How to make an easy plant cell model

Updated July 19, 2017

Creating and using visual models in science can help reinforce the learning of a particular subject. A scientific plant cell model can be made with clay and craft paints based on available visual science reference materials. Make the parts of the cell individually and allow time for each to dry before painting and attaching with craft glue. Common household items such as cellophane enhances a model's structure.

Mould a flat square base with the clay. The base allows the individual pieces of the cell parts to have a surface to rest on or attach to.

Create four cell walls with the clay, and attach these to the outer four edges of the square. Seal the wall edge to the base and the corners between walls by lightly pinching with your fingers. The walls need only be tall enough to enable a piece of cellophane to be stretched across their top, enclosing the cell contents.

Mould a large egg-shaped piece of clay that will sit in the centre of the cell and represent the cell's vacuole, the cell's water reservoir.

Roll a small piece of clay into a ball to create a nucleus. Place it to the right of the vacuole. Cut the ball in half to expose the inner nucleolus, which can be represented by creating a raised spherical shape at the centre of the nucleus (similar to the pit in a peach).

Roll small snakelike pieces to create the rough endoplasmic reticulum that wraps around the nucleus in a tightly gathered formation. The smooth endoplasmic reticulum is thinner than the rough type and has a light coloured cap on the end that faces the nucleus. The smooth reticulum is placed in loosely scattered method around the area where the rough reticulum is. The smooth reticulum stretches toward the nucleus in what looks like a fanned shape.

Create a small brain-like shape to represent the golgi apparatus and place it to the left of the vacuole. Mould small flattened oval structures that will represent the multiple mitochondria and chloroplasts within the cell's clear cytoplasm. Make three or four of each type and place them around the existing structures.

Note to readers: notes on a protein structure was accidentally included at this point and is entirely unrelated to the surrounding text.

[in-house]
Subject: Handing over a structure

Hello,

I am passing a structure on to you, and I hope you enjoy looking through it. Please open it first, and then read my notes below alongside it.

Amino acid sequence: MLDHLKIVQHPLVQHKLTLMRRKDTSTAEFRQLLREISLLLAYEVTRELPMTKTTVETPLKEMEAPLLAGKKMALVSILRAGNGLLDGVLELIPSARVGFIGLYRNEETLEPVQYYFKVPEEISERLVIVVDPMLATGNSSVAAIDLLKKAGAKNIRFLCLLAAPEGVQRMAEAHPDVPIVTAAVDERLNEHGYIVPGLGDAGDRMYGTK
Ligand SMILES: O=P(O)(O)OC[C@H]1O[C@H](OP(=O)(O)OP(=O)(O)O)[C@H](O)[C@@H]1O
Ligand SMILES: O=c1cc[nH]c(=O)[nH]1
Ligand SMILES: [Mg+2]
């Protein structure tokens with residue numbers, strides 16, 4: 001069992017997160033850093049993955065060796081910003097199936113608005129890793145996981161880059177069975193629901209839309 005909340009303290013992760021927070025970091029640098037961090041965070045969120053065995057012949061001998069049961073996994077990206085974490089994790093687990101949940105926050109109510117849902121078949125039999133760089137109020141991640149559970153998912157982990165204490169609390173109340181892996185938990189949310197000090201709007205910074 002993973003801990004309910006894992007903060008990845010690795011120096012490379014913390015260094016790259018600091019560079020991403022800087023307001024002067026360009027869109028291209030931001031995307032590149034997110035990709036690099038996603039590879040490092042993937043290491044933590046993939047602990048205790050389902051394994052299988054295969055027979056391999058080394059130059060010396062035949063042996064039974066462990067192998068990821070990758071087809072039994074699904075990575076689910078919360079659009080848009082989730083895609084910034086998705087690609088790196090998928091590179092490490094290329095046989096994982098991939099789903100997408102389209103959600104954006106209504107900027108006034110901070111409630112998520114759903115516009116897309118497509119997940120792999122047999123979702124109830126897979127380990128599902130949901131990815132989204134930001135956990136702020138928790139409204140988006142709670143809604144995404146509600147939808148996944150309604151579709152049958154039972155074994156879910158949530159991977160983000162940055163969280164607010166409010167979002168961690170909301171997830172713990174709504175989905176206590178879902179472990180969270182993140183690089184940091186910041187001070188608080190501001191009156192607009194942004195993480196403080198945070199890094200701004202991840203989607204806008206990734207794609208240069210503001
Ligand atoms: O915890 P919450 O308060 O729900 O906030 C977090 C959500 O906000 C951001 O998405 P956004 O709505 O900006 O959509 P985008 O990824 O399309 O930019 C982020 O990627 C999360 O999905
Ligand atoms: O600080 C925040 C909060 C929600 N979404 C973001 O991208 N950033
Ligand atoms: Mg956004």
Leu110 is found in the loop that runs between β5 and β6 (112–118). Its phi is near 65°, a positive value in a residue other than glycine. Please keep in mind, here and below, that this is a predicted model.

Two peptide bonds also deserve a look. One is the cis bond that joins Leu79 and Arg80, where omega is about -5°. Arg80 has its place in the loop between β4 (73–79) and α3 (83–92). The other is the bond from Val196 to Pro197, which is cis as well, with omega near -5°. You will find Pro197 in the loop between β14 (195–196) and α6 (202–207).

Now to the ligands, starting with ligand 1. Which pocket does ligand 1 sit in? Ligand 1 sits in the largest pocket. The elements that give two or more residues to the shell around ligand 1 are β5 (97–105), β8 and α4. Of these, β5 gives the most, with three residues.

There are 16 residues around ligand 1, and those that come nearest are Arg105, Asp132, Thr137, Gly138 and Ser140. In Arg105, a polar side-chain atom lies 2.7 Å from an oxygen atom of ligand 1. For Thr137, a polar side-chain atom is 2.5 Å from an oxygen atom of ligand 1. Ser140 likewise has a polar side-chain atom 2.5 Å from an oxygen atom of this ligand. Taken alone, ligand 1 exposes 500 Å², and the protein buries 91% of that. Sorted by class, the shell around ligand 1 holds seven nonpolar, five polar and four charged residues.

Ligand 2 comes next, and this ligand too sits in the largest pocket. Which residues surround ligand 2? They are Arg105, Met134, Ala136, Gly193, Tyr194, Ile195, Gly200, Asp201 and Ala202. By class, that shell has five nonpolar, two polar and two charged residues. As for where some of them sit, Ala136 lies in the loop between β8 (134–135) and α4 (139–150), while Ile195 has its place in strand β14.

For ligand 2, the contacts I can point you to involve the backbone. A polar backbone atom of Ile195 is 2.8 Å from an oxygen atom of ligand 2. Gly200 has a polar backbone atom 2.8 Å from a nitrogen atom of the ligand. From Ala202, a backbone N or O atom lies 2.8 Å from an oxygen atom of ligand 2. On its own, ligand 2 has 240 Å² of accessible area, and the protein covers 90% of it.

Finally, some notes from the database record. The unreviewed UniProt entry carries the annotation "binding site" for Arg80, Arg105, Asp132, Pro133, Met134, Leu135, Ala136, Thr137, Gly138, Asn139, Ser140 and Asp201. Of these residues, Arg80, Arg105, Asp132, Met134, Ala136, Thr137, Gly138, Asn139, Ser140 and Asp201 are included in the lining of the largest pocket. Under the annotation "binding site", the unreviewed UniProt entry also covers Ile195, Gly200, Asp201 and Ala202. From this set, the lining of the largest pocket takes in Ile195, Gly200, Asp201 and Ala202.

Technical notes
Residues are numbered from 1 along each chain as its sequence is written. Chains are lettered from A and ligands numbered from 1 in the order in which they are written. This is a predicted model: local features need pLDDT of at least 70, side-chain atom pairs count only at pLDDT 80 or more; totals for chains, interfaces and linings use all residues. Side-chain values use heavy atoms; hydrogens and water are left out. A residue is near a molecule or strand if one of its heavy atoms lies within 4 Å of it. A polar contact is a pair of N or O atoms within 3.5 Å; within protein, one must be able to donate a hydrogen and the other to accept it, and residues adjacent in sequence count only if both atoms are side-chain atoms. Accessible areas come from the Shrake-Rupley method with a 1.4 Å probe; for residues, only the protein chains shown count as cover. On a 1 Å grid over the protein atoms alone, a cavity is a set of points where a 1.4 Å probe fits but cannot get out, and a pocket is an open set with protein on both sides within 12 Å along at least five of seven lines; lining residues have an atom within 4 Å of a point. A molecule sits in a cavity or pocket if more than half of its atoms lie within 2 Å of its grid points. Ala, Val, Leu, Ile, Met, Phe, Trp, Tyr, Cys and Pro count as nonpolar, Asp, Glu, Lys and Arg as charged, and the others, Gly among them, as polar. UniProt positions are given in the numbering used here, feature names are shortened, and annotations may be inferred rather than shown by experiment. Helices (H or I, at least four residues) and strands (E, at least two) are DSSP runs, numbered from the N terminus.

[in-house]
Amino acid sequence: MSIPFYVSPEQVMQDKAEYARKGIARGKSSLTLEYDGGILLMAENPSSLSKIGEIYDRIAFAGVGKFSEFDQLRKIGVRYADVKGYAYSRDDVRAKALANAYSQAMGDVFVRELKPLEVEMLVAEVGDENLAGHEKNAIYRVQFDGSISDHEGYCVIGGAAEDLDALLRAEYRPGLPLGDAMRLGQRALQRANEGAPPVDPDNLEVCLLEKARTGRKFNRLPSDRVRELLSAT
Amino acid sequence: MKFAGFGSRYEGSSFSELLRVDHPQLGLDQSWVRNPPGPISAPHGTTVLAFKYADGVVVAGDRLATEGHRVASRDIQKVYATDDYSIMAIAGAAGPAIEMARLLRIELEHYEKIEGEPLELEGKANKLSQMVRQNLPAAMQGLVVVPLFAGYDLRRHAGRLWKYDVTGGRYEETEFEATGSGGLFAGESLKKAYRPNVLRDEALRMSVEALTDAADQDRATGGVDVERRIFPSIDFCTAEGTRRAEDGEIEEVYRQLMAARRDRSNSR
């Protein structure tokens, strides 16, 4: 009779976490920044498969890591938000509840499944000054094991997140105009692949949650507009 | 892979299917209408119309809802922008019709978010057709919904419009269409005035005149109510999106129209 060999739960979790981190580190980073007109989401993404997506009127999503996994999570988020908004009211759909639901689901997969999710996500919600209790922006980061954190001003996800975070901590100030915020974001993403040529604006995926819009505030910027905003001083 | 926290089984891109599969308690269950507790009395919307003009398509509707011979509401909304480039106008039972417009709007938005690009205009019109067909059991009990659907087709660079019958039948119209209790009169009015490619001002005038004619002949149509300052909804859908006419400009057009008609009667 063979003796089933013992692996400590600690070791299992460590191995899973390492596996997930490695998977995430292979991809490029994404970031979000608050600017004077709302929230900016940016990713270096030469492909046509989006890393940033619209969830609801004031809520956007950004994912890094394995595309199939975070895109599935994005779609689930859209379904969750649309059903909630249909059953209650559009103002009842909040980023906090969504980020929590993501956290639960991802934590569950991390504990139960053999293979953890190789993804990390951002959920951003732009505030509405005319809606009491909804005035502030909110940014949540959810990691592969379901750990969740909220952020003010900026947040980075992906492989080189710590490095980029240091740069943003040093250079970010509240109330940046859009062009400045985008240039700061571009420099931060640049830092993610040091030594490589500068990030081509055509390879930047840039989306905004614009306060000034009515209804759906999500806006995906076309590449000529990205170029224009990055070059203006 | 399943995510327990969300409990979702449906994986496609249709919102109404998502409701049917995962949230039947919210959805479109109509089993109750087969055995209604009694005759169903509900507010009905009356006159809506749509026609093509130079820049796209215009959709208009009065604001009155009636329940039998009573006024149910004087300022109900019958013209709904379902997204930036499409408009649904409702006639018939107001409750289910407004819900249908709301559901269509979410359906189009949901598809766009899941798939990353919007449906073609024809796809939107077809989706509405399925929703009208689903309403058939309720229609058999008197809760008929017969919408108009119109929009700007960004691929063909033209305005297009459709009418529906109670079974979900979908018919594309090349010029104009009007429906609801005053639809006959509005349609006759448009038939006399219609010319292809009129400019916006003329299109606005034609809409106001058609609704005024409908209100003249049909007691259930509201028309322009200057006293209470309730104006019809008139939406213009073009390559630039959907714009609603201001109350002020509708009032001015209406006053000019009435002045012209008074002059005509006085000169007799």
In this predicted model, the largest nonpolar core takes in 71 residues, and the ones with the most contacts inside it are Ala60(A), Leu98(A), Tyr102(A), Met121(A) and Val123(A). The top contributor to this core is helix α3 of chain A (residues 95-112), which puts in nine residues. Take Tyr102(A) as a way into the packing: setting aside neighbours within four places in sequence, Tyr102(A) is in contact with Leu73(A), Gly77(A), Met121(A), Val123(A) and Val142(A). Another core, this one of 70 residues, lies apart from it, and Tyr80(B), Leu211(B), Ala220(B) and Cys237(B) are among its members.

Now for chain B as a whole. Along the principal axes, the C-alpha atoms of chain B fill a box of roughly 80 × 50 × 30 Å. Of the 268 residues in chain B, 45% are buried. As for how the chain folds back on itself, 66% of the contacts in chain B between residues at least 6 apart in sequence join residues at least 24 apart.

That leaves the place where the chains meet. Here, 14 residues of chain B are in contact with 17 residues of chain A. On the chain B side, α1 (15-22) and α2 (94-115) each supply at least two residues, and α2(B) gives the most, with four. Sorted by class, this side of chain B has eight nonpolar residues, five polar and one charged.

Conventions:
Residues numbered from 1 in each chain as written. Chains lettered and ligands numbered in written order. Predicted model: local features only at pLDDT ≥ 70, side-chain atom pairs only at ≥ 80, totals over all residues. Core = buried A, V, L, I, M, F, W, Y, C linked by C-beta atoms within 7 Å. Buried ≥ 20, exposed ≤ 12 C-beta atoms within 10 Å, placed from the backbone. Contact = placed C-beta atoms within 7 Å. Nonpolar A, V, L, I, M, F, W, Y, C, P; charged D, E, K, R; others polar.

Roll out tiny beadlike balls of clay to create the ribosomes and the slightly larger peroxisomes that also reside throughout the cell's cytoplasm. Make five to ten B.B.-pellet-size balls for the ribosomes and five to ten pearl-size balls for the peroxisomes. Scatter these throughout the cell interior.

Bake or air dry the clay model pieces, depending of the type of clay used. After they have cooled and hardened, paint the parts. Paint the cell wall structure a deep green colour. Differentiate the nuclear envelope and the nucleolus by using a dark and light shade of the same colour. Do the same for the rough and smooth endoplasmic reticulum, as well as the ribosomes and peroxisomes. Paint chloroplasts green as they represent the plants chlorophyll production and visible colour. Use as many colours as necessary to create a bold contrast between the plant's different parts.

Glue a large piece of clear cellophane to the inside of the cell wall and base and spread the glue evenly over the surface to make sure the piece will stay attached. This represents the cell's plasma membrane. Glue the rest of the cell parts inside the cell wall area and allow to dry. Label and tag the plant cell and its parts with small pieces of tape and a marker.

Things You'll Need

  • Air drying or bakeable clay
  • Craft paints
  • Craft glue
  • Cellophane
  • Visual reference materials
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About the Author

After completing his college screenwriting studies David Slate began work with an animal welfare organization creating educational materials. Then traveling abroad, he taught English in Prague for two years. In 2005 he moved to New York City and works in media production as a fine artist and designer. Also a playwright, his short works have been in local New York City festivals.